Partner Al Lehn is a former staffer for Senate Minority Leader Bob Dole, a longtime ally of the assembly. "Basically, what they provide is additional effort," said assembly executive director Ross Vartian. "With Symms-Lehn there is no learning curve on these issues ... Al already knows."

Symms said his career in the Senate and Lehn's close ties to Bob Dole may give them extra access to high government officials, but their clients are also paying for political and legislative expertise.

"If we had people willing to give power back to the states, you wouldn't have all these people back here," he said. But until Congress' powers diminish, Symms said, political amateurs will need to hire experts like himself who learned how Congress works by being members of Congress.

September 25, 1994. Copyright 1994, by The Spokesman-Review. Used with permission of The Spokesman-Review

AuCoin emerges as lobbyist for timber industry

The former congressman says the main threat to a "balanced solution" is the
"extreme green left," not the industry

By JEFF MAPES. The Oregonian staff

Former Democratic Rep. Les AuCoin, who sought a middle ground between timber and environmental interests when he ran for the U.S. Senate last year, has emerged as a key lobbyist for the timber industry.

AuCoin said he had not changed his views on the Northwest's forest crisis, but he said he thought the main threat against a "balanced solution" now came "from the extreme green left."

The veteran politician is barred from lobbying Congress for a year after he left the House in January.

He has had several meetings with Clinton administration officials who are drafting a new plan for managing the region's forests. AuCoin also has helped timber officials plan their lobbying strategy.

AuCoin works for Bogle & Gates, a Seattle-based law firm that represents the Northwest Forest Resources Council. This group includes a coalition of timber companies and associations. Its chairman is John Hampton, a Portland lumberman.

AuCoin's status as a Democrat also appears to help make him an
tainer check from the industry. Not much has changed."

Several environmentalists spread the rumor that AuCoin and Mike Draper of the Western Council of Industrial Workers had met with Katie McGinty, who heads Clinton's Office of Environmental Policy, and warned her that the industry would fight a proposed harvest level of less than 2.5 billion board-feet in Oregon and Washington.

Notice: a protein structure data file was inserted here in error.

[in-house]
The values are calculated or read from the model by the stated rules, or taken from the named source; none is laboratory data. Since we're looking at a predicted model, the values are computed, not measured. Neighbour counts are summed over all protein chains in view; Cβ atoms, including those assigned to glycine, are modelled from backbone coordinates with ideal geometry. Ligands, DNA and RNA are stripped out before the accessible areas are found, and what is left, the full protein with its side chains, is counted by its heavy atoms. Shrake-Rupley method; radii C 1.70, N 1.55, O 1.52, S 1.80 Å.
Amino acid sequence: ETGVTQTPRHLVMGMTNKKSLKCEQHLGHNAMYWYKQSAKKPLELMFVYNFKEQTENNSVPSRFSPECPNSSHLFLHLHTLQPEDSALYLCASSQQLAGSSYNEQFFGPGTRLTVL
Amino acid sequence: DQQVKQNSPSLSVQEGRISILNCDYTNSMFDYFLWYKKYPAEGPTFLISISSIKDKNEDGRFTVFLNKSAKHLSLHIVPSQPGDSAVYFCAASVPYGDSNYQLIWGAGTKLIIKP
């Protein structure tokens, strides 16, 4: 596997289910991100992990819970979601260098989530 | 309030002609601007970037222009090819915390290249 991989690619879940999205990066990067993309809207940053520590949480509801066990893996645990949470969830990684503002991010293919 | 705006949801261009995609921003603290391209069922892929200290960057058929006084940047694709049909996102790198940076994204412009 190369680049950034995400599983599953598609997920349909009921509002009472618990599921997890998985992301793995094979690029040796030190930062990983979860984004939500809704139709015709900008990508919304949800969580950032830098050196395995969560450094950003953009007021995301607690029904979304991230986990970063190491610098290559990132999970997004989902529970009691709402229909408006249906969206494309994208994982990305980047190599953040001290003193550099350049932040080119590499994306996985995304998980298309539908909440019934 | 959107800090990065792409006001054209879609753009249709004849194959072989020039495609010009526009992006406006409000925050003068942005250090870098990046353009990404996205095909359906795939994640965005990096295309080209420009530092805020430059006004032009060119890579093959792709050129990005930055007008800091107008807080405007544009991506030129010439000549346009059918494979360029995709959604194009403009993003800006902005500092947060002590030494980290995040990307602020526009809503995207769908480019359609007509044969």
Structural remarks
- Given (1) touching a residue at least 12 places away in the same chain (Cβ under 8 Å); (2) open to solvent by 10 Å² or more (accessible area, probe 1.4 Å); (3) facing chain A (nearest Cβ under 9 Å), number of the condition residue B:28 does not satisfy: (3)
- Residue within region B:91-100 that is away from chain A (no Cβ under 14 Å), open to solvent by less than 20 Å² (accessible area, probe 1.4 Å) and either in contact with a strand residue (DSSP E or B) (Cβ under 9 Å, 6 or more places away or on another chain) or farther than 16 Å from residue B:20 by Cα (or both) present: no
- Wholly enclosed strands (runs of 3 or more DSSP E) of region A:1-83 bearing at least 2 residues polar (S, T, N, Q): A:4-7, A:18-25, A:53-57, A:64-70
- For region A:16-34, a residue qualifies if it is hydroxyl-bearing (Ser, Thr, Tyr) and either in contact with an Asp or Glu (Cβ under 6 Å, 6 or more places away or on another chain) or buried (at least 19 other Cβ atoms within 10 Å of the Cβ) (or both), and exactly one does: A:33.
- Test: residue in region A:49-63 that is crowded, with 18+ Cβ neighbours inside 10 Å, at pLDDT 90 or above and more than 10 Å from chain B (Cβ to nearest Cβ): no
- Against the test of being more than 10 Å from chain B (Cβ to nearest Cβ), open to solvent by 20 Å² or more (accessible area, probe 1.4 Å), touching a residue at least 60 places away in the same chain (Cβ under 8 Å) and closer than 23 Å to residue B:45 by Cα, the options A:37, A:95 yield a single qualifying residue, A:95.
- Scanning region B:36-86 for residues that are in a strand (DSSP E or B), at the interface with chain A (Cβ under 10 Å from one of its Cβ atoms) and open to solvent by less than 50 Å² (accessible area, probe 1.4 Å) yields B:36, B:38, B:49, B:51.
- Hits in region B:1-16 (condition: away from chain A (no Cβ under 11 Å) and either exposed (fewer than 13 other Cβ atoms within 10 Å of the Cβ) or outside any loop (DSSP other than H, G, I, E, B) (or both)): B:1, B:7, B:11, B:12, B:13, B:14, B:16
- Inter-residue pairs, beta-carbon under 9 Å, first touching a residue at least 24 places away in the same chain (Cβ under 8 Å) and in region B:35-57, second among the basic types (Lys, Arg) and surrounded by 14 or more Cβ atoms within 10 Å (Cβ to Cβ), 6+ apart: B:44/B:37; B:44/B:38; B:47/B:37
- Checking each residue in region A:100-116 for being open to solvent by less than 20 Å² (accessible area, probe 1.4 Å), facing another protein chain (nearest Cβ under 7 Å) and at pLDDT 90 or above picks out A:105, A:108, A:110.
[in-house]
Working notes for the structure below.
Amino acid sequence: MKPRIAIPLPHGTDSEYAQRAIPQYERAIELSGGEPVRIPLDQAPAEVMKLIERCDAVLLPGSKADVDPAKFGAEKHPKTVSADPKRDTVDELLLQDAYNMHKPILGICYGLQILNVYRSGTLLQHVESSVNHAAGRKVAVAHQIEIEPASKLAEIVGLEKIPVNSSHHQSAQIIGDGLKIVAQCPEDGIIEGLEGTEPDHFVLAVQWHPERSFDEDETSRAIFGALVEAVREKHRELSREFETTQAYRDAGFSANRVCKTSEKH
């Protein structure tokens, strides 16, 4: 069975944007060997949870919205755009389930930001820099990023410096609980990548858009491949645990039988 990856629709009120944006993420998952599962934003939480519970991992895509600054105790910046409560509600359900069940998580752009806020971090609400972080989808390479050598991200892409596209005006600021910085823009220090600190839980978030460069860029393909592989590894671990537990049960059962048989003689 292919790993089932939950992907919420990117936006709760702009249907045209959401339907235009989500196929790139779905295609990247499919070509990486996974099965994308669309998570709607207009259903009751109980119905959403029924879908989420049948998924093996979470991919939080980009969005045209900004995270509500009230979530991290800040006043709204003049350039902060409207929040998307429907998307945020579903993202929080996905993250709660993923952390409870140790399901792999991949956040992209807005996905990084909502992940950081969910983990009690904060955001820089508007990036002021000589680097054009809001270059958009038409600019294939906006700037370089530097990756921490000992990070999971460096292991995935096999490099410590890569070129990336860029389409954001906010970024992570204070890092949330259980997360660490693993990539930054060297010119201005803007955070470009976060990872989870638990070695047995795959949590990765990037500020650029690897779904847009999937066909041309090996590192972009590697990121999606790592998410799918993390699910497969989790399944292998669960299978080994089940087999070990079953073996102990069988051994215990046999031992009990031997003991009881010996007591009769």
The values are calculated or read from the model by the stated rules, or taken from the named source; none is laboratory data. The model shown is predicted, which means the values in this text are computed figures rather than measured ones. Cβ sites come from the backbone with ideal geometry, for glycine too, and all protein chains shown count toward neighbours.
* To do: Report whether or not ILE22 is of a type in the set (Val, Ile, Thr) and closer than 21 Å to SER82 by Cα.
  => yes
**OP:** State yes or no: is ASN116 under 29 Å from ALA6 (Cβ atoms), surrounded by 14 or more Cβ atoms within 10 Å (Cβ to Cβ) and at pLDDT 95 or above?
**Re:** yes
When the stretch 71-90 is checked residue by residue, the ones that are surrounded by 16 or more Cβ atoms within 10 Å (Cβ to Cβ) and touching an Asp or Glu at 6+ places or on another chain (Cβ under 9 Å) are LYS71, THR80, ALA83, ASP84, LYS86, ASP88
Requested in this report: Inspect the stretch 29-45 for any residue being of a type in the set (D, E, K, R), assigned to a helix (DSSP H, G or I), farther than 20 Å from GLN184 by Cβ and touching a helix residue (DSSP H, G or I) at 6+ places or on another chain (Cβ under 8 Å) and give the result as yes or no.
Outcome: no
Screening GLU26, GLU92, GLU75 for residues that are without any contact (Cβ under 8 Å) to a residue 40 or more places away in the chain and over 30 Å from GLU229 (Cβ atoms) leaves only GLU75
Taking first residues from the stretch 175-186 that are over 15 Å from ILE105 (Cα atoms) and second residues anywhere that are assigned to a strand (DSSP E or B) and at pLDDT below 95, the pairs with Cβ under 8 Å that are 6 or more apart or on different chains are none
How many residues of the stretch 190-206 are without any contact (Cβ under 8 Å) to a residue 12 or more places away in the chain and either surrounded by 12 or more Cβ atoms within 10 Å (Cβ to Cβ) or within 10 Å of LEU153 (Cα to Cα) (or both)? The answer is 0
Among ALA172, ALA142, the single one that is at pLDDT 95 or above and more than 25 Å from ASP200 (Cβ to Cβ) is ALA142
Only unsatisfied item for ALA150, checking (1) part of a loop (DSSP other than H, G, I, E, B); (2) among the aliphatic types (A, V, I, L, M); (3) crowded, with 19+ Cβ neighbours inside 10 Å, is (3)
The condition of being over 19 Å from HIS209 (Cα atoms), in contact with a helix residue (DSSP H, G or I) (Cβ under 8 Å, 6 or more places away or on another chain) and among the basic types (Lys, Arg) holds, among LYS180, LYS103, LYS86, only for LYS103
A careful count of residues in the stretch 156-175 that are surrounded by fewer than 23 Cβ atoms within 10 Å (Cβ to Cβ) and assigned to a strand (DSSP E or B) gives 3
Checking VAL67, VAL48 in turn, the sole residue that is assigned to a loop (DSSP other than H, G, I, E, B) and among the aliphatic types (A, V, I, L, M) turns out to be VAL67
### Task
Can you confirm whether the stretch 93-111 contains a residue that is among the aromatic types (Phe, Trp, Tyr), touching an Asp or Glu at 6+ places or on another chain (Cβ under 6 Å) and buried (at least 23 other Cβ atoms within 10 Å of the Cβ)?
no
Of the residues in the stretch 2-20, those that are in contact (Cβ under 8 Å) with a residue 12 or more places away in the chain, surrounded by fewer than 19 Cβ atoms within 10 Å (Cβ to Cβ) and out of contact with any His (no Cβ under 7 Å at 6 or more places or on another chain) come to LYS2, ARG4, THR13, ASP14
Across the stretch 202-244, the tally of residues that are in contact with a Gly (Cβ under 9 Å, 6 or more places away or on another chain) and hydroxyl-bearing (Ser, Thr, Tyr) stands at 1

AuCoin and Draper said they met with her but did not issue any ultimatum or harvest numbers. The White House confirmed their account of the meeting.

During his Senate campaign, AuCoin said he did not want to gut the nation's environmental laws and that he wanted a solution that protected old-growth forests and the spotted owl, while also preserving as many mill jobs as possible.

AuCoin said the day after his bruising loss to Packwood that he wouldn't become a lobbyist. But AuCoin, saying he had been reacting emotionally, in January went to work for Bogle & Gates as director of government relations.

AuCoin said then he would work "on issues of my choice" and that "anyone who wants to go out and annihilate the spotted owl should not pick up the phone and


effective advocate for the industry. Hampton said it was "politically naive" to expect otherwise.

Environmentalists wooed by AuCoin during his unsuccessful Senate race against Republican Bob Packwood say they are unhappybut not surprisedby AuCoin's new role.

Environmental lobbyists fought with AuCoin in the mid-1980s when he pushed for an increase in timber harvests from his seat on the House Appropriations Committee. They say it was only during the Senate campaign that AuCoin moved closer to their position.

"He's lobbying hard for unsustainable rates of logging like he did when he was on the committee," said Brock Evans of the National Audubon Society. "It sounds like a reversion to previous form."

"He used to get a lot of his campaign contributions from the timber industry," said Bob Chlopak of Americans for the Ancient Forest, "and now he's getting his re

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September/October 1994 TRANSITIONS

Chapter 3

Corporate Money and Political Power
Big money still rules

U.S. politics in '92


Associated Press

WASHINGTONBig money was bigger than ever in the 1992 election.

An estimated $100 million poured into the presidential election from corporations and fat cat donorsexactly the kind of donations that post-Watergate reforms sought to eliminate by financing White House campaigns with tax dollars.

In the congressional races, big spending equaled winning once again, as all but a few incumbents survived the anti-Washington mood of the electorate. As usual, their warchests got plenty of help from political action committees.

"More than in any other election, in 1992 you saw the failure of existing campaign-finance laws and rules," lamented Ellen Miller, executive director of the watchdog Center for Responsive Politics.

"I think we're worse off today than before Watergate, because there is more big money than ever," she said.

One man who observed the abuses of that era, former Senate Watergate committee chief counsel Samuel Dash, agreed. "I think
once again we're in a situation unfortunately where money is buying power," he said.

But Dash said Bill Clinton's incoming administration is poised to make a change, noting the Democrat has already said he would have signed the sweeping campaign finance reform bill passed by Congress earlier this year but vetoed by President Bush.

That bill would have eliminated the so-called soft money loophole that unions and corporations, forbidden from donating directly to candidates, have used to plow large sums of money, often upwards of $100,000, to the political parties.

"It will be difficult for Clinton to back away from that," Dash said.